There's been no shortage of programming catering to middle-aged men and women over the last -- say, when was the TV invented? -- but the Winter Games are dishing out entertainment to the 30- and 40-something demographics in a big way.
The stories are international in flavor, what with it being the Olympics and all, as Claudia Pechstein competed on the cusp of 50 and Ireen Wuest became the first athlete to win at least one gold in five Olympics, breaking a tie with legends Carl Lewis, Michael Phelps, and Al Oerter.
Now look at Team USA, prepared to soon undergo a sort of incredible, dynastic changing of the guard but still buoyed by veteran energy from Shaun White, Lindsey Jacobellis, Nick Baumgartner, and Elana Meyers Taylor.
With age, in many cases, come families. And the 2022 Winter Olympics has seen no shortage of emotional family stories.
The Games started with skier Mikaela Shiffrin speaking near the anniversary of her father's accidental death and showed us new fatherhood within Team USA, as biathlete Leif Nordgren virtually attended the birth of his baby. And let's not forget Meyers Taylor's COVID-19 tests leading to her isolation from the family that joined her in China to watch her go for gold.
Baumgartner's stories include valley, peak of fatherhood
So, if your familial emotional strings hadn't been sufficiently plucked by the time Baumgartner's story took center stage, the orchestra was plenty warm for his tumultuous 48 hours on the snow.
It doesn't take extensive experience as a parent, guardian, or mentor to understand the depth of love a human can feel for a younger dependent. But if it did, it's fair to say Baumgartner's interview on NBC after elimination in men's snowboard cross sure goes a long way toward sufficiently telling the tale.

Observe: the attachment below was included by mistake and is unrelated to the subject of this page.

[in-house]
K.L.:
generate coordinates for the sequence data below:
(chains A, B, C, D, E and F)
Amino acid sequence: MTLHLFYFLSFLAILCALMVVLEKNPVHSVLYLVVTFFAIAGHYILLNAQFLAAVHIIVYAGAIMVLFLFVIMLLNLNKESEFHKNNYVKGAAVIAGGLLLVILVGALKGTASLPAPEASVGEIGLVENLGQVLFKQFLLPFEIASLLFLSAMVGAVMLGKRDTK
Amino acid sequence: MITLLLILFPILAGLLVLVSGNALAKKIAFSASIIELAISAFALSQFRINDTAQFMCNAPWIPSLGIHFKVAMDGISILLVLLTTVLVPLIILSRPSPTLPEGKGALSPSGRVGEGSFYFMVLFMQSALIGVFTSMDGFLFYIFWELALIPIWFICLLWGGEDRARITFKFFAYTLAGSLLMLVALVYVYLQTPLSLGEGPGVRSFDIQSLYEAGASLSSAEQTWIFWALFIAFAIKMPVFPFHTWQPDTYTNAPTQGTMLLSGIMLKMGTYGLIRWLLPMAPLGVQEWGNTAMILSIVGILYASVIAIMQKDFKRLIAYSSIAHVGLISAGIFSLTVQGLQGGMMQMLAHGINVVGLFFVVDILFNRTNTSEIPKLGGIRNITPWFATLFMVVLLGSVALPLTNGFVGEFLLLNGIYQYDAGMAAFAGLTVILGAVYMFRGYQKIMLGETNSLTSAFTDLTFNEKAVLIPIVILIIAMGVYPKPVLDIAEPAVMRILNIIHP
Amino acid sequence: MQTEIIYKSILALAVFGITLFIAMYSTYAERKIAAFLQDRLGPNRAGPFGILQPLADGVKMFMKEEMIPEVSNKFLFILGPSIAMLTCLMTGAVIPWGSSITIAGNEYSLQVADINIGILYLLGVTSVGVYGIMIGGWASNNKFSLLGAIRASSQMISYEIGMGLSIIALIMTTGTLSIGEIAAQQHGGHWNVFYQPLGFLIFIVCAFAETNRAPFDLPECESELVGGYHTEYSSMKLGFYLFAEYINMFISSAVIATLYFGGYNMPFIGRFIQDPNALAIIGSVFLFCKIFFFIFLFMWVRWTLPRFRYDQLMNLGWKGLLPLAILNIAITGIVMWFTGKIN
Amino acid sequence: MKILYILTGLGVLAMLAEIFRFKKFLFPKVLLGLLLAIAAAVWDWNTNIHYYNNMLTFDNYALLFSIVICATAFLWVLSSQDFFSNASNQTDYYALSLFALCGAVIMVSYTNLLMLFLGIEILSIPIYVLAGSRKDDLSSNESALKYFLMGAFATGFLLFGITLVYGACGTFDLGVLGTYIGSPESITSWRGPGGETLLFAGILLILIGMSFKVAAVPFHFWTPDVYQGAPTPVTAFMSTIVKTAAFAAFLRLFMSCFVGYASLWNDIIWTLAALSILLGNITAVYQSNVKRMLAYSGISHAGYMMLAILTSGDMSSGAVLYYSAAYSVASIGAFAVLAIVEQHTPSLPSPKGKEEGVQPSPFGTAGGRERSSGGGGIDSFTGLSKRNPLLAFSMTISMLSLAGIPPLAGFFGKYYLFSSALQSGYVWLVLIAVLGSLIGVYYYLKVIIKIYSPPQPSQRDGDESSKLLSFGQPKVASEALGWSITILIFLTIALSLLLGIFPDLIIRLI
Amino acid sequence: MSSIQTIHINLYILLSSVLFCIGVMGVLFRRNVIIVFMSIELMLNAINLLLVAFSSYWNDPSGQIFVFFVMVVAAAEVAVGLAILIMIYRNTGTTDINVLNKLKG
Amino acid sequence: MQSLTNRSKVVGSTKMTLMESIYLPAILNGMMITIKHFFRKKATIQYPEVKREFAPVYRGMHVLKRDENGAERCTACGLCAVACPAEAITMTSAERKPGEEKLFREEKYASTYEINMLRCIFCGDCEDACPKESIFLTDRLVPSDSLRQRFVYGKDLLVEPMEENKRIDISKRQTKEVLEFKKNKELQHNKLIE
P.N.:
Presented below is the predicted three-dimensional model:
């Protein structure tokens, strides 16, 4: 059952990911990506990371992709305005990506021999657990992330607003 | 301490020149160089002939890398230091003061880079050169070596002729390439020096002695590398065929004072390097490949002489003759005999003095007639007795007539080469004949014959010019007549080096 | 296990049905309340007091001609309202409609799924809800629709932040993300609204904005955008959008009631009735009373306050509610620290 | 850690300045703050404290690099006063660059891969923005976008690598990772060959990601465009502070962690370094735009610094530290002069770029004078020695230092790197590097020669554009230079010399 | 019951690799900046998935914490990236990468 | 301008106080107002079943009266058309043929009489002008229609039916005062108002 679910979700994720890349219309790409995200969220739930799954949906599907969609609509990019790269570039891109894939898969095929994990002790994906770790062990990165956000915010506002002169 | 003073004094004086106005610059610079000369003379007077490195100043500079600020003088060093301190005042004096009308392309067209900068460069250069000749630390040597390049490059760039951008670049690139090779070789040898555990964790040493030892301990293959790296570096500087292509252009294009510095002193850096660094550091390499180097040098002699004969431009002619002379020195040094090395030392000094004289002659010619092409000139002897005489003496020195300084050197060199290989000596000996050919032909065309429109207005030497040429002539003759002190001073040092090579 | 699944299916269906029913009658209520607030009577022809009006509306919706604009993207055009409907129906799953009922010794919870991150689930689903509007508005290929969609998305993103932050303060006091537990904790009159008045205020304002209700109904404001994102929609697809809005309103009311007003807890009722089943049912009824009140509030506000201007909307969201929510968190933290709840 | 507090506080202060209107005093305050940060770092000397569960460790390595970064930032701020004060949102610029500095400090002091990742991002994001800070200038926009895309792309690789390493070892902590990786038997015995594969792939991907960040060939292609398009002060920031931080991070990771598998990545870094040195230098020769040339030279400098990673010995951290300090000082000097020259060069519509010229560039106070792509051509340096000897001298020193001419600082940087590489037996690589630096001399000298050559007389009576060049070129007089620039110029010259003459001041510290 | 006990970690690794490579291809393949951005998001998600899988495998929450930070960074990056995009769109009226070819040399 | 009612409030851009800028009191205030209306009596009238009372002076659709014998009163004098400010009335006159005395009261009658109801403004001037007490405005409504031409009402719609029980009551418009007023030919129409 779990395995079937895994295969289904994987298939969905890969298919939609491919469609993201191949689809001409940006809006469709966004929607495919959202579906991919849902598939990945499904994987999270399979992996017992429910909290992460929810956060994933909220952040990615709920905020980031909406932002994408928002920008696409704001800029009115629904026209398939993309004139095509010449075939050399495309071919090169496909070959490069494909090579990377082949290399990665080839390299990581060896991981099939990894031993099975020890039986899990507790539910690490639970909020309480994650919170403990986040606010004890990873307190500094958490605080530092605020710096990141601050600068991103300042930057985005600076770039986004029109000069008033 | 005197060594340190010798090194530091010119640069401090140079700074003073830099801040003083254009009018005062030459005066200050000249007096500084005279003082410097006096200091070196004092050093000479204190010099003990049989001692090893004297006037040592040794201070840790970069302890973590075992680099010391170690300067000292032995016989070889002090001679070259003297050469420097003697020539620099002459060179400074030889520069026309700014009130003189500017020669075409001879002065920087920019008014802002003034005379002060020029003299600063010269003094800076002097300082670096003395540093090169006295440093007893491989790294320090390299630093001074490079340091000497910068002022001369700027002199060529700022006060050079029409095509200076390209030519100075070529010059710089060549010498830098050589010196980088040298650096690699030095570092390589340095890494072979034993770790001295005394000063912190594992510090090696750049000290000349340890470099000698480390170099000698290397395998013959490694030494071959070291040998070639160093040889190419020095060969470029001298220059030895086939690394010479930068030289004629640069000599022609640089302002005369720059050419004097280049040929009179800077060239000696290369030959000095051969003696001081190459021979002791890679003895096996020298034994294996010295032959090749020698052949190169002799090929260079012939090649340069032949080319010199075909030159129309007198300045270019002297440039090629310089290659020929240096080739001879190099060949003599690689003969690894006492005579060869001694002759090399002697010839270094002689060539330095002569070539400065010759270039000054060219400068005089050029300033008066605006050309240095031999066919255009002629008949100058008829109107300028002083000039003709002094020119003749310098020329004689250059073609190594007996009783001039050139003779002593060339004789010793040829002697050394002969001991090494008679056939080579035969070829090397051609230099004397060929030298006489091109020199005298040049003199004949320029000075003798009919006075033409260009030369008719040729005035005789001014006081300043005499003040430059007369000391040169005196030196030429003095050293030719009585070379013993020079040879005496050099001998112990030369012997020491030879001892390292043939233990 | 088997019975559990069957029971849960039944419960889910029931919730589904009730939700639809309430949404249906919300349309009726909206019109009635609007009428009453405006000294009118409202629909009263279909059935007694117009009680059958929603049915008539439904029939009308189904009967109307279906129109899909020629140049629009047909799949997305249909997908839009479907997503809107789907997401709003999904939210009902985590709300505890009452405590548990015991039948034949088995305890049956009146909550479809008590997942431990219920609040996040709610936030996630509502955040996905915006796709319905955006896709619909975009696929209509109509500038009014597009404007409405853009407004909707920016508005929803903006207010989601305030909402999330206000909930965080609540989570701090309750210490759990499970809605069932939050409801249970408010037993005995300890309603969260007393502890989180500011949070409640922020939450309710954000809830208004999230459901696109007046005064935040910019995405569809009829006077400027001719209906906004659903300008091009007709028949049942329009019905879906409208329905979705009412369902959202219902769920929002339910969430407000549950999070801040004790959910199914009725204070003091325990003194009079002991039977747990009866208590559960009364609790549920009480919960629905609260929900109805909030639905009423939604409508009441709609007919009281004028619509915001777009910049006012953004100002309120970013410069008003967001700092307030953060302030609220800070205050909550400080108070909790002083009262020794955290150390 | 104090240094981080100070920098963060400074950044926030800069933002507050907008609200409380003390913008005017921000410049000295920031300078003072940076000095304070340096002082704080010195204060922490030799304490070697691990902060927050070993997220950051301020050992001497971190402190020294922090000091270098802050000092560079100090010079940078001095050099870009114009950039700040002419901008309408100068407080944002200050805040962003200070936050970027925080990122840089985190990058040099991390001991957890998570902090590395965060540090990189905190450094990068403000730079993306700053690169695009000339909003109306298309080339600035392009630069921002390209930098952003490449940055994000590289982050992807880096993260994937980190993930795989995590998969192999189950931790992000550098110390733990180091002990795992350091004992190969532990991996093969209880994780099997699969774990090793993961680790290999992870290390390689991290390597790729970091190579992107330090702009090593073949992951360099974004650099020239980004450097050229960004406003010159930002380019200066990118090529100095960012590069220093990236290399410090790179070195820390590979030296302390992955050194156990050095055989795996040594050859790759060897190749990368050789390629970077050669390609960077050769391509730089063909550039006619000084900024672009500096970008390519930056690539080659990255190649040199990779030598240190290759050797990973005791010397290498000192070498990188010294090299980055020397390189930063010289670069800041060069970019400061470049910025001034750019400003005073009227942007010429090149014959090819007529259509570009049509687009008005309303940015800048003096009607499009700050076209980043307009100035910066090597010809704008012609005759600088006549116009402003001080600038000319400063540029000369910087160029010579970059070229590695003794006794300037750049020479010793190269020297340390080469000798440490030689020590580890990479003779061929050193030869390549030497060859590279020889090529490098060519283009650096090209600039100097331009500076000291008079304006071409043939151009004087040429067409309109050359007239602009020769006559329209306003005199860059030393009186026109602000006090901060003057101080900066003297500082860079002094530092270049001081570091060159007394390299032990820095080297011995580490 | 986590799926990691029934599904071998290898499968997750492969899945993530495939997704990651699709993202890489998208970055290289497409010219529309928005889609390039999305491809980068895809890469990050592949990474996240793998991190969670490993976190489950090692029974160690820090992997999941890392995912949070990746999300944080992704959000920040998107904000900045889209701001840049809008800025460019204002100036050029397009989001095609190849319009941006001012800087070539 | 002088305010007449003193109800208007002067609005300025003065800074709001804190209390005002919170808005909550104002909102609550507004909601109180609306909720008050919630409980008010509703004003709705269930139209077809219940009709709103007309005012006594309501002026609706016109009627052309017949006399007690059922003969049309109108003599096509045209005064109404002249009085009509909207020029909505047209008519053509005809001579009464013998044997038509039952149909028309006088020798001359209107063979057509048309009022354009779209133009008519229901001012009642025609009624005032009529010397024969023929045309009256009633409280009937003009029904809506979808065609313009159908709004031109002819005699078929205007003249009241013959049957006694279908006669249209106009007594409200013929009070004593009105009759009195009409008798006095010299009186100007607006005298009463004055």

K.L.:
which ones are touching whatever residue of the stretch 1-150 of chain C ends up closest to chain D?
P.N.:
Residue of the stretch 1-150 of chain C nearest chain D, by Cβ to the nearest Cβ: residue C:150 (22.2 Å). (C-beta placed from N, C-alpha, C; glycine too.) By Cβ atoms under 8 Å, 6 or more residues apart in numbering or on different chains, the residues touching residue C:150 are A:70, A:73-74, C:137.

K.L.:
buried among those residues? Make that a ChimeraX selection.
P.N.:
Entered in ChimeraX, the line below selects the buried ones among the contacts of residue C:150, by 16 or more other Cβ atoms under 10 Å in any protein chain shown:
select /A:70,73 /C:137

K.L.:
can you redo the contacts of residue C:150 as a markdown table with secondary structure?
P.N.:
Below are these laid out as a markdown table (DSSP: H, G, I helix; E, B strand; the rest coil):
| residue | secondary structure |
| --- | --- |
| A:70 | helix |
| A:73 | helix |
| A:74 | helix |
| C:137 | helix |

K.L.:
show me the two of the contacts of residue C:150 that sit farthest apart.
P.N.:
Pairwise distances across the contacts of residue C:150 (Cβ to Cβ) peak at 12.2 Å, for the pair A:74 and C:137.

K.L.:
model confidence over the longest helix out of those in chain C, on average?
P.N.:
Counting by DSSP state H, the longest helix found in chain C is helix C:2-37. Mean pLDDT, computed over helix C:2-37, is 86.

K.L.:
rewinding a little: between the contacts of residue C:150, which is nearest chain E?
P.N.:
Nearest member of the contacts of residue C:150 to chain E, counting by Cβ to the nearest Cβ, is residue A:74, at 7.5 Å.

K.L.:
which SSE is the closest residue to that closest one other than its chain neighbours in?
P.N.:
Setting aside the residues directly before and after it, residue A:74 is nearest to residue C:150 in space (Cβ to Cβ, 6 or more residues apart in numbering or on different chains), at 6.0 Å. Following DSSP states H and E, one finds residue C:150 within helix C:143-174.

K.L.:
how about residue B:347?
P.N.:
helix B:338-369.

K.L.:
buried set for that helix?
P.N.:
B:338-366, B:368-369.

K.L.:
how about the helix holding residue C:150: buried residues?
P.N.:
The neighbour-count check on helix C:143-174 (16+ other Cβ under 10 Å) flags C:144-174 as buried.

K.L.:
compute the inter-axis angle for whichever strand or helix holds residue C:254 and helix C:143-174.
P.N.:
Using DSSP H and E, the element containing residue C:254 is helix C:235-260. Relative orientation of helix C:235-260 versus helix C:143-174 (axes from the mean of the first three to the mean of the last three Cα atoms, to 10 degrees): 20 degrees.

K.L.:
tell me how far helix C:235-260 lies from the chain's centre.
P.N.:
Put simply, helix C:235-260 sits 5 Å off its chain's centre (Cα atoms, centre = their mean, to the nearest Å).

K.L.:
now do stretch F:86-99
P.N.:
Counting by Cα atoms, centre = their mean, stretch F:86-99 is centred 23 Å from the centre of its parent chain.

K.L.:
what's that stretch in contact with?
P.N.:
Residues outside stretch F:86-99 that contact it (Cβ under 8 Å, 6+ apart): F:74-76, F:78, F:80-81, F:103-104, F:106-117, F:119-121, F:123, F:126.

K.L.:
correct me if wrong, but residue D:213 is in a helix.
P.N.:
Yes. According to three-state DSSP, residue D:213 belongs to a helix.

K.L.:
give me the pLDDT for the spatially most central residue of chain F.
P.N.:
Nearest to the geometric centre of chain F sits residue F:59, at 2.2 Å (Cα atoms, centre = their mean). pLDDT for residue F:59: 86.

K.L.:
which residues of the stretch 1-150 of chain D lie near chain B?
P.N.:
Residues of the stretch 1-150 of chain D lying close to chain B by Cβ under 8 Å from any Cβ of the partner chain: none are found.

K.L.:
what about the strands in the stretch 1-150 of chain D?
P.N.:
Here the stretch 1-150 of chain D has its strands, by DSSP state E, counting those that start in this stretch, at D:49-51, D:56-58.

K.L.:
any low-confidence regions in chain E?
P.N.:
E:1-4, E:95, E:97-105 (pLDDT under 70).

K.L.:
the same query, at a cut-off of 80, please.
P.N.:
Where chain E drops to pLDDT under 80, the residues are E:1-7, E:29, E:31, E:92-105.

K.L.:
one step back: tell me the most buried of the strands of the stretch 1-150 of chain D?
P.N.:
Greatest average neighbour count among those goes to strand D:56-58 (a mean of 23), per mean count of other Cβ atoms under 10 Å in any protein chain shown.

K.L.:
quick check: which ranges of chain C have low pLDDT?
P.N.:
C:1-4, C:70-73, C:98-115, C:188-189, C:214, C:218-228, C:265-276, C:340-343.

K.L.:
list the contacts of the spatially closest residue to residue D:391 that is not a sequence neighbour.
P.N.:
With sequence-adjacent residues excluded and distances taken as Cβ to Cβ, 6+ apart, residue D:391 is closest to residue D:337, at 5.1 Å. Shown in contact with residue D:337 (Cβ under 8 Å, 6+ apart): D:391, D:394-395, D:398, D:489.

And even if you did watch Baumgartner's post-race talk with Hailey Hunter, there's a chance you tapped out before he got to an emotional gut-punch of a closing thought in referencing his child.
With Baumgartner already in tears, Hunter tried to reassure him by mentioning that his family is watching at home and very proud of him.
And you can see another wave of pain hit "Dad" as he speaks to his family halfway across the world.
Thank you guys. Thanks for the support. Landon, I love you, sorry bud.
The video went viral.
What was missing from the video was the context that Baumgartner's Olympic campaign wasn't over, as he showed off the team-first attitude that has made him a Team USA mainstay.
Baumgartner gave Jacobellis a lead in the Winter Games debut of mixed snowboard cross and the 36-year-old Jacobellis brought home the gold for the tandem. There was a camera on the 40-year-old Baumgartner as he cheered Jacobellis on until she crossed the finish line, helping her out of her snowboard to celebrate.
Even that was easy to miss, though, because so many of our minds were drawn to the crestfallen dad from just a few days prior.
"This gold medal is awesome, but [Landon]’s still the best thing that I’ve ever done and ever will do," he said, via Liam Nee. "For him to see me fight through that adversity and do stuff right before he’s about to graduate high school and go on to figure out what he’s going to do in life, is huge."
Maybe advancements in medicine and athletic training mean there will be more and more greybeard Olympians, so-to-speak, in future Games. Professional sports have seen Jaromir Jagr, Tom Brady, and Vince Carter stay on our screens well beyond the norm... but could they become the norm?
If so, perhaps the stories of the Baumgartners of the world won't be quite as rare, but we doubt it. Here's to the triumph of the will, and setting a fine example for the next generation, related or not, through defeat and victory.
For every inspirational moment athletes give to kids, this Olympics has done plenty to bring inspiration to an older generation of Americans. To that, we send a virtual high-five across the world to Baumgartner, Jacobellis, and the rest.